The largest emission nebula in the sky, the Tarantula Nebula (also known as NGC 2070 or 30 Doradus) is located in the Large Magellanic Cloud LMC), one of the satellite galaxies to our own Milky Way system.
Seen far down in the southern sky at a distance of about 170,000 light-years, this beautiful nebula measures more than 1000 light-years across and extends over more than one third of a degree, almost, but not quite the size of the full moon.
The Tarantula Nebula received its descriptive name because of its unusual shape.
It is a splendid object with a central cluster of hot and luminous young stars that powers strong emission from hydrogen and oxygen gas, making the Tarantula Nebula an easy and impressive target for observations, even with the unaided eye. It is well visible from ESO's mountain observatories at La Silla and Paranal in Chile and it has been the object of innumerable research programs with many different telescopes.
New images of the Tarantula Nebula have now been obtained with the Wide-Field Imager (WFI) on the MPG/ESO 2.2-m telescope at the La Silla Observatory. As the name indicates, the WFI has a comparatively large field-of-view, 34 x 34 arcmin^2, and it is therefore well suited to show the full extent of this stunning nebula. A spectacular composite color photo has been produced from 15 individual WFI-exposures obtained in September 2000.
A large number of different and colorful objects are seen in this amazing image. The very complex nebulosity is prominent in most of the field; it predominantly emits red light from hydrogen atoms (the H-alpha spectral line at wavelength 656.2 nm) and green-blue light from hydrogen atoms (H-beta line at 486.2 nm) and oxygen ions (two [O III] lines at 495.7 and 500.7 nm). This emission is excited by the strong ultraviolet (UV) radiation emitted by hot young stars in the central cluster (known as "R136") which were born 2-3 million years ago at the heart of the Tarantula Nebula.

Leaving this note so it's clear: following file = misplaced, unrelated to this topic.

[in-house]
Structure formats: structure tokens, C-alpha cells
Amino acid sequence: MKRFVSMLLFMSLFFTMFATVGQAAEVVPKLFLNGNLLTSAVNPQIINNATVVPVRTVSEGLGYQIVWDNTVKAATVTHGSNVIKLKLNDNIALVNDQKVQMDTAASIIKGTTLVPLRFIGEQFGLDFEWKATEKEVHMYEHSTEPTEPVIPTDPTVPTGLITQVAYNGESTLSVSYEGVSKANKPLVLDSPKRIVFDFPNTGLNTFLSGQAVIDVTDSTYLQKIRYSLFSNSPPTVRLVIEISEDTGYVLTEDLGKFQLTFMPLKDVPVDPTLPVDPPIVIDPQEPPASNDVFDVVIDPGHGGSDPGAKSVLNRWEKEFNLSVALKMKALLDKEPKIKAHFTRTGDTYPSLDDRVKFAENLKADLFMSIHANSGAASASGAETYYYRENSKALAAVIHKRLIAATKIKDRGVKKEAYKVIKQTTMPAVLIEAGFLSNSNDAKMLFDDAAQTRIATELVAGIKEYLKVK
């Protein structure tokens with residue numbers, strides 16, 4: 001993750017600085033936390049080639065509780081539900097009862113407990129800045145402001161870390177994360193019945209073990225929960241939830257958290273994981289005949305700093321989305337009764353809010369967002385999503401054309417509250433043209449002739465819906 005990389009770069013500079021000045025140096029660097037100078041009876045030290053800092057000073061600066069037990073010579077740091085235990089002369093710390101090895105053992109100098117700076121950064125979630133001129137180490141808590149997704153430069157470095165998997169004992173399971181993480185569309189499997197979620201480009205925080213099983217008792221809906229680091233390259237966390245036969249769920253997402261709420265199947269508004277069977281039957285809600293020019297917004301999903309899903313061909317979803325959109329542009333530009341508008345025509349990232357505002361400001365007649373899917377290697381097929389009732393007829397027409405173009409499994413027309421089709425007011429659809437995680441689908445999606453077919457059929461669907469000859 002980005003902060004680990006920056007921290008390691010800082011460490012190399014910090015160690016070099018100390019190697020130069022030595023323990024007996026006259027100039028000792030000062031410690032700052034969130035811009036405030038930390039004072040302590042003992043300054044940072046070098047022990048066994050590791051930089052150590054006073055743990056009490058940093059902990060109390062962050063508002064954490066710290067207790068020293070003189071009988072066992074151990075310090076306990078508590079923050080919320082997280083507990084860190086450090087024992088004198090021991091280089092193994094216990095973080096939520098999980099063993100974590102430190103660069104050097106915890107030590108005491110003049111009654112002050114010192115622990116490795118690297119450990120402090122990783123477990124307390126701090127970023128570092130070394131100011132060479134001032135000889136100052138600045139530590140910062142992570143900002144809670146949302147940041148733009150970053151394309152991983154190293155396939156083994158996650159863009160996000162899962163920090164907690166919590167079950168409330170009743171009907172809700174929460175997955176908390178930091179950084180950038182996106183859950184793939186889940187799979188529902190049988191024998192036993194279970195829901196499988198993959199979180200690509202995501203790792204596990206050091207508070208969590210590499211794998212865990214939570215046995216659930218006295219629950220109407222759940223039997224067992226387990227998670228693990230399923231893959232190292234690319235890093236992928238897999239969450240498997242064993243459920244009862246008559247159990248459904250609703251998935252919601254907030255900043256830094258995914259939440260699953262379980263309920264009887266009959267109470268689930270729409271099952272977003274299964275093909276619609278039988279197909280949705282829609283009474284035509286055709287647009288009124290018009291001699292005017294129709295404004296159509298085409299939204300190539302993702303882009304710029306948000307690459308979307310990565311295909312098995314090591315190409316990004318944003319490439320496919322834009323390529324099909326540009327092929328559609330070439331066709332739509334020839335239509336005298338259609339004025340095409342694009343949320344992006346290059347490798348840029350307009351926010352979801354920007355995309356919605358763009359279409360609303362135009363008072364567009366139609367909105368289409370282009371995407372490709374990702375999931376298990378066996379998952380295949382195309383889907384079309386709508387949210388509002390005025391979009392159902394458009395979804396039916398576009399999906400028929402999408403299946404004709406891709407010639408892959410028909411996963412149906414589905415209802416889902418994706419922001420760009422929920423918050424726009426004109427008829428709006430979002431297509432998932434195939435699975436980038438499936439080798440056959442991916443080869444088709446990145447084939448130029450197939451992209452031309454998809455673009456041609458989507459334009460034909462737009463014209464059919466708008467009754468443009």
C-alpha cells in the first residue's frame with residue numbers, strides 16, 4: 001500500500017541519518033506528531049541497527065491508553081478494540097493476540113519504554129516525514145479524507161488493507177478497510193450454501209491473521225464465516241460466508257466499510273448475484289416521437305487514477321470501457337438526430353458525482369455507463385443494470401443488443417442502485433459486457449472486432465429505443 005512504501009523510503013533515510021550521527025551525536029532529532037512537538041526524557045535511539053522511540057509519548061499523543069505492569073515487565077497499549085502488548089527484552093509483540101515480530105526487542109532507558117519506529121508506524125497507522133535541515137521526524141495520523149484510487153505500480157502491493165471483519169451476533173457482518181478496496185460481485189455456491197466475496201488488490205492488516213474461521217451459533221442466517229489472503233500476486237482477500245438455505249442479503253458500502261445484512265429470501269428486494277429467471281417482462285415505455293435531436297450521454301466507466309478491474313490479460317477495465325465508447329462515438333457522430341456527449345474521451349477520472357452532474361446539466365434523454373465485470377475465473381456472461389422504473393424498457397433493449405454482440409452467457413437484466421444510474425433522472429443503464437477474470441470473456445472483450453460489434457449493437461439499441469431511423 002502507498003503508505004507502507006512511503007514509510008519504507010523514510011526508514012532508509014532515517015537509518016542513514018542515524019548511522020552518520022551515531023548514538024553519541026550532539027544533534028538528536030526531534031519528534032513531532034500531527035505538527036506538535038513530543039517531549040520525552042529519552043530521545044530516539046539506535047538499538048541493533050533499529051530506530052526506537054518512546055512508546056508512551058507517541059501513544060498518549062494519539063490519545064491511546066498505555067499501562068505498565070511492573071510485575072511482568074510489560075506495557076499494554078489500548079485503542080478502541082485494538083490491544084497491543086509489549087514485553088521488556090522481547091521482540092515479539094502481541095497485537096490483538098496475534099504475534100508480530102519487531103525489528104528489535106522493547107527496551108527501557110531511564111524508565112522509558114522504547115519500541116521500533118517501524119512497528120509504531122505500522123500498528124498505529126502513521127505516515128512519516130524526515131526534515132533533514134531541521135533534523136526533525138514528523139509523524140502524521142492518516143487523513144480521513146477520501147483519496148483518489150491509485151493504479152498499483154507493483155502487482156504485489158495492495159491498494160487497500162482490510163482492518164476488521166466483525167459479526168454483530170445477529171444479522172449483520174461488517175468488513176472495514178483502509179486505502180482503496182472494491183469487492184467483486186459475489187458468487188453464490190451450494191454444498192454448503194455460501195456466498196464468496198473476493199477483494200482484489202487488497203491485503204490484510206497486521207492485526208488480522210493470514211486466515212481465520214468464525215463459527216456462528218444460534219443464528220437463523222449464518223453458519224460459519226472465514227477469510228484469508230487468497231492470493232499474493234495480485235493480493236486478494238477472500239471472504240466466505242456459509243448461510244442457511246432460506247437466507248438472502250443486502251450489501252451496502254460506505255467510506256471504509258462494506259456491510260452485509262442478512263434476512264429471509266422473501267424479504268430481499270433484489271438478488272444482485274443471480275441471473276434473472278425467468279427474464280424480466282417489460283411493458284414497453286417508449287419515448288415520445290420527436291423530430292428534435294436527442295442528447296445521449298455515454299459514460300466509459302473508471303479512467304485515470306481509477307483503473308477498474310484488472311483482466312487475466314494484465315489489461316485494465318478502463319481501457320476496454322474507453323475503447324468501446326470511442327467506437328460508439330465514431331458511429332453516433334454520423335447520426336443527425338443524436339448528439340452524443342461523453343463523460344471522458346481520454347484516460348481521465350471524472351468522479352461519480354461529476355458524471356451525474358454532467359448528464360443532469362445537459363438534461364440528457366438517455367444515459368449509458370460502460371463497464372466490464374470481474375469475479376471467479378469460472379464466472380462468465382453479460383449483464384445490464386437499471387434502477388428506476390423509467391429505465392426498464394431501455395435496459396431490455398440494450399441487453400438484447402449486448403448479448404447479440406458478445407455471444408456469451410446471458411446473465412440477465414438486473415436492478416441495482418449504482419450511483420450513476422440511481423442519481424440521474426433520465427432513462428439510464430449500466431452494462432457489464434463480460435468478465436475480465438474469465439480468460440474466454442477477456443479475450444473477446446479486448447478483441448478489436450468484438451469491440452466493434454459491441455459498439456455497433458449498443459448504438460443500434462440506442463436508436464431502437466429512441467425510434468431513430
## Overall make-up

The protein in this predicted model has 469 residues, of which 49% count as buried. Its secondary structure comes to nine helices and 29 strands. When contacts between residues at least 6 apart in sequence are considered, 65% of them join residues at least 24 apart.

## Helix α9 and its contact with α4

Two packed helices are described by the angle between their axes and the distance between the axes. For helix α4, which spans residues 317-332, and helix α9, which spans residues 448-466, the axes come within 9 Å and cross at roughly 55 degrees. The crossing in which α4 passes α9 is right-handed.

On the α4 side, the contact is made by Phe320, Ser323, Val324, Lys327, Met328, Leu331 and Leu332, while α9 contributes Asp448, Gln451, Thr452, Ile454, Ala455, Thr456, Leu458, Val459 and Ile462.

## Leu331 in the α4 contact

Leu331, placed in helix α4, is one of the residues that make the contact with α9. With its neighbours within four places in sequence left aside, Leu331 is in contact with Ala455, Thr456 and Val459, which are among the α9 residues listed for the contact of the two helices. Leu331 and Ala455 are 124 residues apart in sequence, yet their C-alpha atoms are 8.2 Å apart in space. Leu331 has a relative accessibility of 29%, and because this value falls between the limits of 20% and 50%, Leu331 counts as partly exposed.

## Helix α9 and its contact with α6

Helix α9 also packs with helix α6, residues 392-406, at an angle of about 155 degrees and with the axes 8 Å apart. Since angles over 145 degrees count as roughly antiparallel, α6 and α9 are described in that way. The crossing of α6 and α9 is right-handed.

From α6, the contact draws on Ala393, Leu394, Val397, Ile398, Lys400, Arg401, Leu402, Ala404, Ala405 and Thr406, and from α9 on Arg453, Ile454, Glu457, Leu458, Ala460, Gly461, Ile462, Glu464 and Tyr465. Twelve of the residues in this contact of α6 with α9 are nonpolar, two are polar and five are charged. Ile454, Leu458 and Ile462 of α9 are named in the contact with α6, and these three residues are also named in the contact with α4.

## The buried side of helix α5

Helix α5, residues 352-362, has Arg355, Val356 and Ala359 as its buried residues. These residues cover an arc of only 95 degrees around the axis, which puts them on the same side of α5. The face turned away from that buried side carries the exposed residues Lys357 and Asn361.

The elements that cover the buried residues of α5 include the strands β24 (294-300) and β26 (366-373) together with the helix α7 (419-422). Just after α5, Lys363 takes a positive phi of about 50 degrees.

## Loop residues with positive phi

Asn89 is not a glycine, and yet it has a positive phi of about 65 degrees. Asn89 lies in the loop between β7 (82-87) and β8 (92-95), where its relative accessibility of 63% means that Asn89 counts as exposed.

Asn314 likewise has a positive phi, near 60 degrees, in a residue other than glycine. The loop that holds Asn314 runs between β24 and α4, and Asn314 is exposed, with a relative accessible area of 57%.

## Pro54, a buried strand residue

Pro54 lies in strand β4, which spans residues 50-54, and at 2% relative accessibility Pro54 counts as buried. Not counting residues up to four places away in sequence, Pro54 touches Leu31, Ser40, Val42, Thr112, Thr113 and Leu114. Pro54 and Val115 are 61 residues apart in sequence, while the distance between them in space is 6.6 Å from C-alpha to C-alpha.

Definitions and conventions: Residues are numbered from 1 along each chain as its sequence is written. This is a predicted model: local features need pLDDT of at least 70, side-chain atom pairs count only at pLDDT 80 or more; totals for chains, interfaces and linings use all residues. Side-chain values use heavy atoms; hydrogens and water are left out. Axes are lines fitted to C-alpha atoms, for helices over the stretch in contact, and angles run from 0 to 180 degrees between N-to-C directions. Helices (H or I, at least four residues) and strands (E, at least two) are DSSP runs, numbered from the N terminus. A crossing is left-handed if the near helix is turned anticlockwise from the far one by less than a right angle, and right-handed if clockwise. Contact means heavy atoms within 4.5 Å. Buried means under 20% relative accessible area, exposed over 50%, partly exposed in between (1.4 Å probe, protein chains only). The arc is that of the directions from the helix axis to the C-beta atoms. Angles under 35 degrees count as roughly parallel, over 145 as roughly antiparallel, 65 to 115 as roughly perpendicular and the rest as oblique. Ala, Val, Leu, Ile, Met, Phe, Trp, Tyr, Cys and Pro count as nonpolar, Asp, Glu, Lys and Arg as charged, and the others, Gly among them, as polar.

Throughout the field, there are several other smaller, young open stellar clusters that are still embedded in nebulosity. Two globular clusters can also be seen, and the entire field is full of stars of very different colors and luminosity -- most of them belong to the LMC, but some are foreground objects in our own galaxy, the Milky Way.
The images were prepared by Mischa Schirmer at the Institut fuer Astrophysik und Extraterrestrische Forschung der Universitaet Bonn (IAEF) by means of a pipeline specialized for reduction of multiple CCD wide-field imaging camera data. The observations at La Silla were performed by Thomas Erben and Marco Lombardi (both IAEF Bonn).
(Editor's Note: Additional photos are available at this URL.)